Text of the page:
Mr Iain Banks and the Nocebo
A week ago, the novelist Iain Banks announced he had terminal cancer and was not expected to live beyond a year. The doctors are the experts and this is their expert opinion. Mr Banks has no doubt it is true and has accepted his fate with commendable phlegmatism. And so it is very likely he will fulfil these expectations.
It’s called a nocebo. It’s where the witchdoctor tells the patient they will die in three days, and they go ahead and die in three days. It’s the power of the curse. Nowadays we don’t believe in that sort of thing. Or do we? Iain Banks has been told he will be dead within the year. And he has decided his doctors’ prediction is the truth. He cannot escape his fate. He may try to flee to Samara but death will find him out. My wife, Bernadette, was told she had three months to live. She was told this on January 17th of that year. She died on April 16th. That was a very accurate forecast. Or was it a curse?
My friend Pauline was diagnosed with cancer a few years ago. She died slowly over a period of about 18 months. The interesting thing for me was that she absolutely resisted any attempt on my part to make suggestions. She knew I had been through this experience with Bernadette, that I had done years of research, that I had written books. She knew all that. But this knowledge was out-weighed in the balance against the doctor’s opinion that her case was terminal. She had, quite simply, taken on the narrative of death and the idea that she might survive suddenly became very threatening.
But it doesn’t have to be that way.
Let’s take Ian Clements, a Brighton-based retired lecturer in electrical engineering who is still going strong and is cancer-free. The reason this is interesting is that a few years ago Ian was in a hospice and was expected to die within days or weeks. His bladder cancer had returned aggressively and the doctors had told him there was nothing more they could do for him. But Ian really didn’t want to die. He was not going to quietly take on the mantle of death that the doctors had thrown over him. He insisted on having one more course of chemotherapy, even though only one doctor out of the four he consulted – yes, he kept getting new opinions because the old ones didn’t conform to his desire to live – said it had a remote chance of success (5% was the figure suggested). And it worked. It succeeded in shrinking his tumour. In the meantime Ian set about following diets and taking supplements that he believed would help him. Well, we can argue as to whether it was the chemo or the alternative therapies he still follows that did it but Ian himself has no doubt it is a combination of the two. The chemo bought him some time but it is the regular monitoring of his biochemical status and the changes in his supplement regime to offset any negative trends that has kept him alive. Ian Clements has a powerful will to live. He didn’t buy into the nocebo hex the doctors had put on him.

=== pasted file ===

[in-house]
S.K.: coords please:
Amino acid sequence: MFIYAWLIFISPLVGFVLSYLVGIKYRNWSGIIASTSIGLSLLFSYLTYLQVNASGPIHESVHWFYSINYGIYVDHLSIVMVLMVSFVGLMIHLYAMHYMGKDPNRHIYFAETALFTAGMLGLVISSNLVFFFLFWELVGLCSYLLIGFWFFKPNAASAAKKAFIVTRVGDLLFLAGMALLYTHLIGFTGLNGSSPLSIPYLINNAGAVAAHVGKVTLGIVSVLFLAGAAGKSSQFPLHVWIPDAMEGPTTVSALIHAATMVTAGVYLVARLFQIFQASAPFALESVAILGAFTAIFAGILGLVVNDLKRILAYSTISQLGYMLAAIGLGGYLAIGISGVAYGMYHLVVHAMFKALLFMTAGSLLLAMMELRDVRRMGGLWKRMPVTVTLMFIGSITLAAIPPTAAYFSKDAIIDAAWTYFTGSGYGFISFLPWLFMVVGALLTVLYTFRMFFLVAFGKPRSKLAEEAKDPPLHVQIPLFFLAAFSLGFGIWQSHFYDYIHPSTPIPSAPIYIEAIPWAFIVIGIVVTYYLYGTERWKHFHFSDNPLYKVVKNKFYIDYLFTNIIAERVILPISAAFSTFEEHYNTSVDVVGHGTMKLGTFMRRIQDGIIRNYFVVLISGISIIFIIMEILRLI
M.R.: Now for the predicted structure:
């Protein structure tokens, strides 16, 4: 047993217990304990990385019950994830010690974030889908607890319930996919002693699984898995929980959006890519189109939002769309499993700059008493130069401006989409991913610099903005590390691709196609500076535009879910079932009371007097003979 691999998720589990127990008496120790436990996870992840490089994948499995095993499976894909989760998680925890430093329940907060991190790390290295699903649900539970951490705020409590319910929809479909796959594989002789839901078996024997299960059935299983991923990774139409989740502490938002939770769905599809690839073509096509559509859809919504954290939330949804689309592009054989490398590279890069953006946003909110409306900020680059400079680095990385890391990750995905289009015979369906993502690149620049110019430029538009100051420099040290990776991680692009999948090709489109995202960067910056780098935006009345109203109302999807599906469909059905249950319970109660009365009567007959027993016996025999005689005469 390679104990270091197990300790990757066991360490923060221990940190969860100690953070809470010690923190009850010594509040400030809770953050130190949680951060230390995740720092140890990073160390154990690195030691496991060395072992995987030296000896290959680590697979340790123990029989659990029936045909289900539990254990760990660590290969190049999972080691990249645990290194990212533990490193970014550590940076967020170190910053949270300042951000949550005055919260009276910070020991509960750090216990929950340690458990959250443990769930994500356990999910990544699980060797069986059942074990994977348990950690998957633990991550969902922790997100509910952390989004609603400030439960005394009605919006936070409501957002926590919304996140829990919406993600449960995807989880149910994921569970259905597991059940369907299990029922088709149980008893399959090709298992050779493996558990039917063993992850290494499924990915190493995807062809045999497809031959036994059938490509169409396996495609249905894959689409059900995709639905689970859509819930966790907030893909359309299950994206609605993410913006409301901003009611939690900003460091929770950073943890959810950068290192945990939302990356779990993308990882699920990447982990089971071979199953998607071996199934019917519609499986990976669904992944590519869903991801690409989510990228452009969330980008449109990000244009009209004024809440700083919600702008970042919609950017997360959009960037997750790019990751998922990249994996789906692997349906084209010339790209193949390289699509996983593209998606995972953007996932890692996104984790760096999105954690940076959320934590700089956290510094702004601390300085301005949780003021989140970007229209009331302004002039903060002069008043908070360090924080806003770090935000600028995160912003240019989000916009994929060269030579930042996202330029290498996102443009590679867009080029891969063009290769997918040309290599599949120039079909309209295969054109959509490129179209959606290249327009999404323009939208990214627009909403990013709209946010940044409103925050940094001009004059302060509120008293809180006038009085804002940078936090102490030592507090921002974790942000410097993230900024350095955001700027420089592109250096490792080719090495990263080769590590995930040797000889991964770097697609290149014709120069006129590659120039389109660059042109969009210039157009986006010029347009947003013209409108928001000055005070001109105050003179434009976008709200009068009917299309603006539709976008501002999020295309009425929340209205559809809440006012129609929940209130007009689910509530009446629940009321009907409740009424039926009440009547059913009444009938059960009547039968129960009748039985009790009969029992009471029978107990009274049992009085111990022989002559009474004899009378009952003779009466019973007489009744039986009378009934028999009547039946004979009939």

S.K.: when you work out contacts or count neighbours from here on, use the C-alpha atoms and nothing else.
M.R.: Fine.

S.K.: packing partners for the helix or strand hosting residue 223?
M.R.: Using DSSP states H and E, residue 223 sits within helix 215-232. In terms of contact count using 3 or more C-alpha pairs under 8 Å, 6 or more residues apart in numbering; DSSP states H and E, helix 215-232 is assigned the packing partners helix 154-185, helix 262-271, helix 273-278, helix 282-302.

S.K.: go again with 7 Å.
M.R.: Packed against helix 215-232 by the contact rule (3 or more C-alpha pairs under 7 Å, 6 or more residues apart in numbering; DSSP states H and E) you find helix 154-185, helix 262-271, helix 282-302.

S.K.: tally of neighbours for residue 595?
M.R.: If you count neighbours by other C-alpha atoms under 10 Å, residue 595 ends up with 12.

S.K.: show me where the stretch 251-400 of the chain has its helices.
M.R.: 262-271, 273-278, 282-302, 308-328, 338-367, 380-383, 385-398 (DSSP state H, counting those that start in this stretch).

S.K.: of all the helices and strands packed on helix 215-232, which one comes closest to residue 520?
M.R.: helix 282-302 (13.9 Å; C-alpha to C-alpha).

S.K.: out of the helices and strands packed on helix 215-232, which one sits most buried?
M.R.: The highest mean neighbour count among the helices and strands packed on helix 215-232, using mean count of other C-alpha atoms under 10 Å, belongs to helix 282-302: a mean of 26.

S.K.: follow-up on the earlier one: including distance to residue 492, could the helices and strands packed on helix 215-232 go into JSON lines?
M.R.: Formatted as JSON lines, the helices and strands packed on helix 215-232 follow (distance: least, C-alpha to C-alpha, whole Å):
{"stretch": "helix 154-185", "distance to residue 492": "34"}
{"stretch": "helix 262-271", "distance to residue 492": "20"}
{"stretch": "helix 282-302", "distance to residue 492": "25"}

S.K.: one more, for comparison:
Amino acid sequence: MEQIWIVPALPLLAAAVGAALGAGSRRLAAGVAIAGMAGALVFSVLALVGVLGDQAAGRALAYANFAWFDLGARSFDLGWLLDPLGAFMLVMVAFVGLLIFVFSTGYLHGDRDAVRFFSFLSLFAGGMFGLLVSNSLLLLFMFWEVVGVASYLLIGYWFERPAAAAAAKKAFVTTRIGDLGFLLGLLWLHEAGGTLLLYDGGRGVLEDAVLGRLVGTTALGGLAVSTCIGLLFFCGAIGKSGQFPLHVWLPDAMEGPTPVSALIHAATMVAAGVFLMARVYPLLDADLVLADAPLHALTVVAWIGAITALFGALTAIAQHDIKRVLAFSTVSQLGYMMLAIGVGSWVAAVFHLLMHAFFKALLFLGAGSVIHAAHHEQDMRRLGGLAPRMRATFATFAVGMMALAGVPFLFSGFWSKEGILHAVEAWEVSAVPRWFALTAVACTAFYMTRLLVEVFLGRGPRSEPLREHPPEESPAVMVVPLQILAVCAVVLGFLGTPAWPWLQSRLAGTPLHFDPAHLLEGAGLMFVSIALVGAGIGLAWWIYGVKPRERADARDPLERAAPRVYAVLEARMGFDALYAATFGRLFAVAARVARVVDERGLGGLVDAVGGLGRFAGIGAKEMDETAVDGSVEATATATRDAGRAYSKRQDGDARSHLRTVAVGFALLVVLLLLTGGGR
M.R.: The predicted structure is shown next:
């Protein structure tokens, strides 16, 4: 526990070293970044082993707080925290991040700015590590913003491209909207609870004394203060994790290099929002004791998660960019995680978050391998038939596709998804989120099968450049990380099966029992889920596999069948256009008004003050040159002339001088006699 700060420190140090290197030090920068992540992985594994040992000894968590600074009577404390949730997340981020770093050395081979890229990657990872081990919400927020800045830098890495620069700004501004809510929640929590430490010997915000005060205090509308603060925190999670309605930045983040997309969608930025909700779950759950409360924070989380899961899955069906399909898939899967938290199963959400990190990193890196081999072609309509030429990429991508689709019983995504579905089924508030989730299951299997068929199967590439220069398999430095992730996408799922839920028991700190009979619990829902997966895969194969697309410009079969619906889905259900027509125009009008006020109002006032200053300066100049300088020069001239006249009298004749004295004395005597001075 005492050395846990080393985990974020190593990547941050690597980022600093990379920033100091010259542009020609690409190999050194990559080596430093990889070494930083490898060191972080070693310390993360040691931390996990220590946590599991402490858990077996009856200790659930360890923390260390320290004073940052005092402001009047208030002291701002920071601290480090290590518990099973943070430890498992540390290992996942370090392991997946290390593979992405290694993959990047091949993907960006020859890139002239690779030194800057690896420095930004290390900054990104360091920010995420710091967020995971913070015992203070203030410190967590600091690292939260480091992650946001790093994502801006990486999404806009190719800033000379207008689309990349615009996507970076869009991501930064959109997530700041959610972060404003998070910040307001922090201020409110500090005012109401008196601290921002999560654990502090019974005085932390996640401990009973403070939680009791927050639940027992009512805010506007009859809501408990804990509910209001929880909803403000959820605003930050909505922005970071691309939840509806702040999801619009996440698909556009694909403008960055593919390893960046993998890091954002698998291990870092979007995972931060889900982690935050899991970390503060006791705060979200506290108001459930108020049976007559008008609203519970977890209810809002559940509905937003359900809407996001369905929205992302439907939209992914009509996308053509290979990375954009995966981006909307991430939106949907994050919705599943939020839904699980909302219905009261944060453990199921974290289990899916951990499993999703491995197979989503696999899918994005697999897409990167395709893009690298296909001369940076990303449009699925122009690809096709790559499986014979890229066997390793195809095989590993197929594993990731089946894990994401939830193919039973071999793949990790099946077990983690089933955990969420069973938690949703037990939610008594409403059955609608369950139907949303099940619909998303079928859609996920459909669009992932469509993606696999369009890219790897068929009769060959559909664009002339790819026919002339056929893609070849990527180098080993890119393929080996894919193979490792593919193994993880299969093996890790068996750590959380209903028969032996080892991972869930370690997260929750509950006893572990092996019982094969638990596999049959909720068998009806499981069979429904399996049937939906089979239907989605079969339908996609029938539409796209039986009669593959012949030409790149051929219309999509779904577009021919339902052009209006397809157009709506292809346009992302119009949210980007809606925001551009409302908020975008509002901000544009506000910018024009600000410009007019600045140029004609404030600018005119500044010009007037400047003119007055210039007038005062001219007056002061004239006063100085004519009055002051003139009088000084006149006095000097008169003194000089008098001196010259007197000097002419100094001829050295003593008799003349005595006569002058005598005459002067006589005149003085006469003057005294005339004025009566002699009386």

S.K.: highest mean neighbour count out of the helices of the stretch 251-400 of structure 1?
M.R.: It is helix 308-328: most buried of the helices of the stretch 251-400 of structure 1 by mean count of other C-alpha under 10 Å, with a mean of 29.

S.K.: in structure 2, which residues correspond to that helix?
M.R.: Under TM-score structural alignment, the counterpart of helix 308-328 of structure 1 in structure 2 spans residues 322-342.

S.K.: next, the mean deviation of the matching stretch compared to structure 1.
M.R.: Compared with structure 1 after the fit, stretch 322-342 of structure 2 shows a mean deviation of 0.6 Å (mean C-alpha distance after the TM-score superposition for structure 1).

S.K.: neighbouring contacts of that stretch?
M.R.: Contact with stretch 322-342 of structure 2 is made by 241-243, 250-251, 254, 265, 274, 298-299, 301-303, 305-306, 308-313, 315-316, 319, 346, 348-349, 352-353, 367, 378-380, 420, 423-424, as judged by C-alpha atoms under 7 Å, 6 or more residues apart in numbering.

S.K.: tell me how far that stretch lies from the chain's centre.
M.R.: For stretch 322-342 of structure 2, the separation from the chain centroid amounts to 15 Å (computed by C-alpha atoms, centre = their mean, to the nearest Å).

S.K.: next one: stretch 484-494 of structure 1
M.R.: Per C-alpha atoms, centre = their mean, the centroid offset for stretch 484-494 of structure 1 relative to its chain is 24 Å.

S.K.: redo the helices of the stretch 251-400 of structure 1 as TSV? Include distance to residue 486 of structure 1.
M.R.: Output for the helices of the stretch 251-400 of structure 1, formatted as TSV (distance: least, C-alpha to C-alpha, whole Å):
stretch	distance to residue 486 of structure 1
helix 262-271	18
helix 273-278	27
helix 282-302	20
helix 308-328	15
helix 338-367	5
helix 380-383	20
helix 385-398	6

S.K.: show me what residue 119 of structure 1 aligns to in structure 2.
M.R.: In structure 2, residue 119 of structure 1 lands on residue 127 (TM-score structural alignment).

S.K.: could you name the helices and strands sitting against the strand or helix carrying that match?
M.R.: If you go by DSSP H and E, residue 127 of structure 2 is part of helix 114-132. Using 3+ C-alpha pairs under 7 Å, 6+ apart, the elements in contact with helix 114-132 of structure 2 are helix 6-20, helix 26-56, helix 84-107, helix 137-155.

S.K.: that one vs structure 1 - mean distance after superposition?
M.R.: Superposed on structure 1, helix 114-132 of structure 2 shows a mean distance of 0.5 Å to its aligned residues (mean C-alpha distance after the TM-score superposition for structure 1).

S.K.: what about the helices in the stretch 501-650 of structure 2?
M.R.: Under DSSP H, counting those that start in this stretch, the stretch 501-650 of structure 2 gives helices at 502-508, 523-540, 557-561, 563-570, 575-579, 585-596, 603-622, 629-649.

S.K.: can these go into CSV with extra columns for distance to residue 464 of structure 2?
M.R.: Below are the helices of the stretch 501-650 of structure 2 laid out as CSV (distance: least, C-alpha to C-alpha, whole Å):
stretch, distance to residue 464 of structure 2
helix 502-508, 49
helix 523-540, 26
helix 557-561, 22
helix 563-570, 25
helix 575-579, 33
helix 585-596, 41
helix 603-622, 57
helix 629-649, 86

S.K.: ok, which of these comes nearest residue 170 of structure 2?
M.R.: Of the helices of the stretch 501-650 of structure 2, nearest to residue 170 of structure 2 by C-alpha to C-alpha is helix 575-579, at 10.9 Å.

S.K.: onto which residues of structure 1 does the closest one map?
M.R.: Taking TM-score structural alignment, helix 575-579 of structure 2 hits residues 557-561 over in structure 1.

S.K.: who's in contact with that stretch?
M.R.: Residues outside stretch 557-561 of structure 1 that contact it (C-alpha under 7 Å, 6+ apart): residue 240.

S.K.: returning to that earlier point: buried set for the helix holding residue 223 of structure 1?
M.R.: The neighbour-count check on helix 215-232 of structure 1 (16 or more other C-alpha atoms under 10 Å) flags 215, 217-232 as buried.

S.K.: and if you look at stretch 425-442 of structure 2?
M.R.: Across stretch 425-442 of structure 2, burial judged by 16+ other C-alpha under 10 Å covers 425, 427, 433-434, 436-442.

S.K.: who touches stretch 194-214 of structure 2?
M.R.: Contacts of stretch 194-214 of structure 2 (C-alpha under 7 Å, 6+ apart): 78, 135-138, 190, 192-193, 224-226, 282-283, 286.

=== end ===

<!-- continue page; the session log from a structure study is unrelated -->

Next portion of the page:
Then there was – is – Connah Broom. Connah is now eleven years old. Seven years ago, having endured around eight months of chemotherapy, Connah was sent home with eleven tumours in his body and the doctor’s fond expectation that he would die within weeks and months. Today he still has a vestige of cancer left but he is otherwise a physically robust and healthy boy who has a passion for dancing and football. The reason Connah is still alive is that his grandparents said: “Connah is not going to die if we can help it.” That was pretty much it: a positive attitude, an organic diet, filtering all his drinking water, and taking an aloe vera product. Oh, yes. And then there was – and is – the light treatment that they were introduced to in Mexico. This light treatment – called Sono-Photo Dynamic Therapy (SPDT) – has been around a long time but it is not available in this country, not for children anyway. It is ‘unproven’. It is not backed up by the peer reviewed, double blind clinical trials that doctors insist on. It is only offered in remote places – Mexico, China – on an experimental basis.